Fig. 1
figure 1

The process of creating, testings, and launching an effective Clinical Decision Support System (CDSS) is multifaceted and ongoing. The interaction of multiple processes and involvement of various stakeholders along the way improve the likelihood of final adoption during real-world deployment (dashed vertical line). Importantly, as illustrated in this work flow diagram, is ongoing assessment refining models and information transfer options. At the start one uses a model card which is a short document that provides key information about a machine learning model. This is central to maintaining focus throughout the workflow cycle of CDSS development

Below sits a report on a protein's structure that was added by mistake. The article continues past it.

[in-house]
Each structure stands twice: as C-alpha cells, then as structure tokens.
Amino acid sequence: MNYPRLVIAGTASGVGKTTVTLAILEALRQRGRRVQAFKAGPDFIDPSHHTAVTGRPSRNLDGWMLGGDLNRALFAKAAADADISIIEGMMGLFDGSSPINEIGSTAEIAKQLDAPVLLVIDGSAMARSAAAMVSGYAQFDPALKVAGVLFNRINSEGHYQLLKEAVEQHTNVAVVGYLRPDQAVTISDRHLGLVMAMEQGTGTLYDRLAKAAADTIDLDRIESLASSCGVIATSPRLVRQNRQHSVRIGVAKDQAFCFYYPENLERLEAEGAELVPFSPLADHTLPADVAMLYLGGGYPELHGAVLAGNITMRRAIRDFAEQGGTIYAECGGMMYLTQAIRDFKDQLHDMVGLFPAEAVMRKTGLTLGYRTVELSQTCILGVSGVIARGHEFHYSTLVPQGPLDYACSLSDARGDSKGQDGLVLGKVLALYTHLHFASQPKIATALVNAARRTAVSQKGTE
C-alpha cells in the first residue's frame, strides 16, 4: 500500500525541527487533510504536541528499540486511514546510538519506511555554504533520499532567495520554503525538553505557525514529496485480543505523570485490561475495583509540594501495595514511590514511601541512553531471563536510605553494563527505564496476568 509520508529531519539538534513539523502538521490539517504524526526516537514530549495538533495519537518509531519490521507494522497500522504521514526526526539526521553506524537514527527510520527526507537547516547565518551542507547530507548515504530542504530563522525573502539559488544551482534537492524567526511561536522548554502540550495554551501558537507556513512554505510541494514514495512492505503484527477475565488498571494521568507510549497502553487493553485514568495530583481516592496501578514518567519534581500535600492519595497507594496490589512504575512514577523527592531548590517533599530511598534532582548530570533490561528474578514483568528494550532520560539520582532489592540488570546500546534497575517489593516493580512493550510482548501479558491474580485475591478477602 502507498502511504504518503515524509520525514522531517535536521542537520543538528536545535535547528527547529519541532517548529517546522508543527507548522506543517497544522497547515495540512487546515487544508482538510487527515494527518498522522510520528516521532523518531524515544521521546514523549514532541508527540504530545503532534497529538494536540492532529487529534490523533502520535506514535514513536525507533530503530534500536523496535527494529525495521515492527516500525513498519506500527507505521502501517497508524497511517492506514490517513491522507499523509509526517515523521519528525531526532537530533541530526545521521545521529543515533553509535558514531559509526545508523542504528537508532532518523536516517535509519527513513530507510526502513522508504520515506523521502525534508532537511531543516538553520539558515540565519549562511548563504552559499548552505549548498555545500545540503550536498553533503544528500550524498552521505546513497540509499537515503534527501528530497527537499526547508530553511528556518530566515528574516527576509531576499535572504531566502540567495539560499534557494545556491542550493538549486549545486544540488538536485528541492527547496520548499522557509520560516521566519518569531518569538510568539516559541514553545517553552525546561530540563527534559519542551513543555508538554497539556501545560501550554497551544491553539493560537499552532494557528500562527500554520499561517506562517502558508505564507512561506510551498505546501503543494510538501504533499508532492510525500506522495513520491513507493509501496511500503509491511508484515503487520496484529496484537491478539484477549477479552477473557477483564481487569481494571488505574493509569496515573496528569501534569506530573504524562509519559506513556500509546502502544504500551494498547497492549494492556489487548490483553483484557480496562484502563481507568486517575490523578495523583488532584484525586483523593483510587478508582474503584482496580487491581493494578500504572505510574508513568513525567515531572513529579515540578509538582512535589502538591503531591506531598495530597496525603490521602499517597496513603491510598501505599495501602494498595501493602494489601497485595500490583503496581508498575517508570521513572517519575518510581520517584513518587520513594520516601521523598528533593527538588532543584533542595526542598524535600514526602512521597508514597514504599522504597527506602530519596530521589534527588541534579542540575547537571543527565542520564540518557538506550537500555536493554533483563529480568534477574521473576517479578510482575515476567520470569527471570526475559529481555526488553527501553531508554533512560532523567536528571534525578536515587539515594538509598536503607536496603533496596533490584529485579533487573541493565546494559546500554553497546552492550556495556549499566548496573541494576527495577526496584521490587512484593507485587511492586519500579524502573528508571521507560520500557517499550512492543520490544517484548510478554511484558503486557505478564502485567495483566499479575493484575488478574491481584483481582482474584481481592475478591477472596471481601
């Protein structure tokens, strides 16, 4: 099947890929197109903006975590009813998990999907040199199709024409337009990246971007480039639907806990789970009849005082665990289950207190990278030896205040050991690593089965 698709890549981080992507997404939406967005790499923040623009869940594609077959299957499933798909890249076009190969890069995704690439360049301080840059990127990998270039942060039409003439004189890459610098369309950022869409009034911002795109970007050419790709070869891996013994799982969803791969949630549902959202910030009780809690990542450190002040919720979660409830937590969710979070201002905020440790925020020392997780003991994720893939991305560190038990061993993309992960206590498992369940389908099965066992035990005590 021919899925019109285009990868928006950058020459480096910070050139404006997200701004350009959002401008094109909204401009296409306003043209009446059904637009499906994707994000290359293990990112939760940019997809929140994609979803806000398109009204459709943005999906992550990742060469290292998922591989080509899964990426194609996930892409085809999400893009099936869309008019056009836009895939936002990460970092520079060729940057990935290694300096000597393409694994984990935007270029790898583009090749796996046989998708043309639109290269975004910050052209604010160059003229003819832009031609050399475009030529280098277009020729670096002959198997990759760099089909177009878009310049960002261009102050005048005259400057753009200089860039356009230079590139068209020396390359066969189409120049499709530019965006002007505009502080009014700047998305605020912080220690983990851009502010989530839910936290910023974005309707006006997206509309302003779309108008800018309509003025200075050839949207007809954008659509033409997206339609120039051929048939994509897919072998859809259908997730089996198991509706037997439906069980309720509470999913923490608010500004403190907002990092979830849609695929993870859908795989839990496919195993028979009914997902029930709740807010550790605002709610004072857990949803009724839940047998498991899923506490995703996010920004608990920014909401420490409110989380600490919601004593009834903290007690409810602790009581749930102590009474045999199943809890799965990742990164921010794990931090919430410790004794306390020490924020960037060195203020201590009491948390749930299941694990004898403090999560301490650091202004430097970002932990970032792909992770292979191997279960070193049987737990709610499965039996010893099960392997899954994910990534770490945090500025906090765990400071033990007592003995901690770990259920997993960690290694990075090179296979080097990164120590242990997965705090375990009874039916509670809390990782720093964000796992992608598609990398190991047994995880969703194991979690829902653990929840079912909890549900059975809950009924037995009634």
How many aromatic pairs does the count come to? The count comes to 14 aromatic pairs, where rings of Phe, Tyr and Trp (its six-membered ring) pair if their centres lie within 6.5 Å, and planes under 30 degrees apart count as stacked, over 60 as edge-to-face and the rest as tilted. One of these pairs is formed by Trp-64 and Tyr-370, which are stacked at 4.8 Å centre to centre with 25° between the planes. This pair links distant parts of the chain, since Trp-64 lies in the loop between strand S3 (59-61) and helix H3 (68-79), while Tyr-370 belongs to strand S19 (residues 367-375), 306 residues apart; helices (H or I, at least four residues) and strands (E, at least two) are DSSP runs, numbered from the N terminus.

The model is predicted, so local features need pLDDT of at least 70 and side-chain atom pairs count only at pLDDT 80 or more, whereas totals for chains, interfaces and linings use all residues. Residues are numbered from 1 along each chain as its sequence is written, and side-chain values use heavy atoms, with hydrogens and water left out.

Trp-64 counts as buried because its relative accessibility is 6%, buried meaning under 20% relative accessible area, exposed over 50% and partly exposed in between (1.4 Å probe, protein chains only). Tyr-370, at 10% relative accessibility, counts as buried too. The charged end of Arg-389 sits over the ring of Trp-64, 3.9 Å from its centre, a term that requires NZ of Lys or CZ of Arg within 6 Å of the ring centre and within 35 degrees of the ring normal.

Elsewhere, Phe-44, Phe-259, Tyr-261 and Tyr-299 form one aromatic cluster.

Table 2 Guide to Addressing Obstacles in CDSS Development

It is vital that to have a designated owner to define the problem the AI technology is intended to solve and oversee the design and deployment [53]. Involving a broader array of stakeholders before the pilot phase is equally crucial. This inclusive approach encourages early feedback and insights before full deployment, enhancing potential adoption and ensuring effective communication with the owner throughout the pilot deployment. Engaging a representative team of stakeholders deepens their understanding of the technology and its seamless integration into existing workflows. This involvement should encompass a diverse range of end-users, including medical professionals, clinicians, patients, caregivers and other stakeholders within the clinical workflow. Early and active engagement in design processes by stakeholders ensures alignment of technology with its intended objectives, its smooth integration into established healthcare processes, and early prevention of safety risks and biases.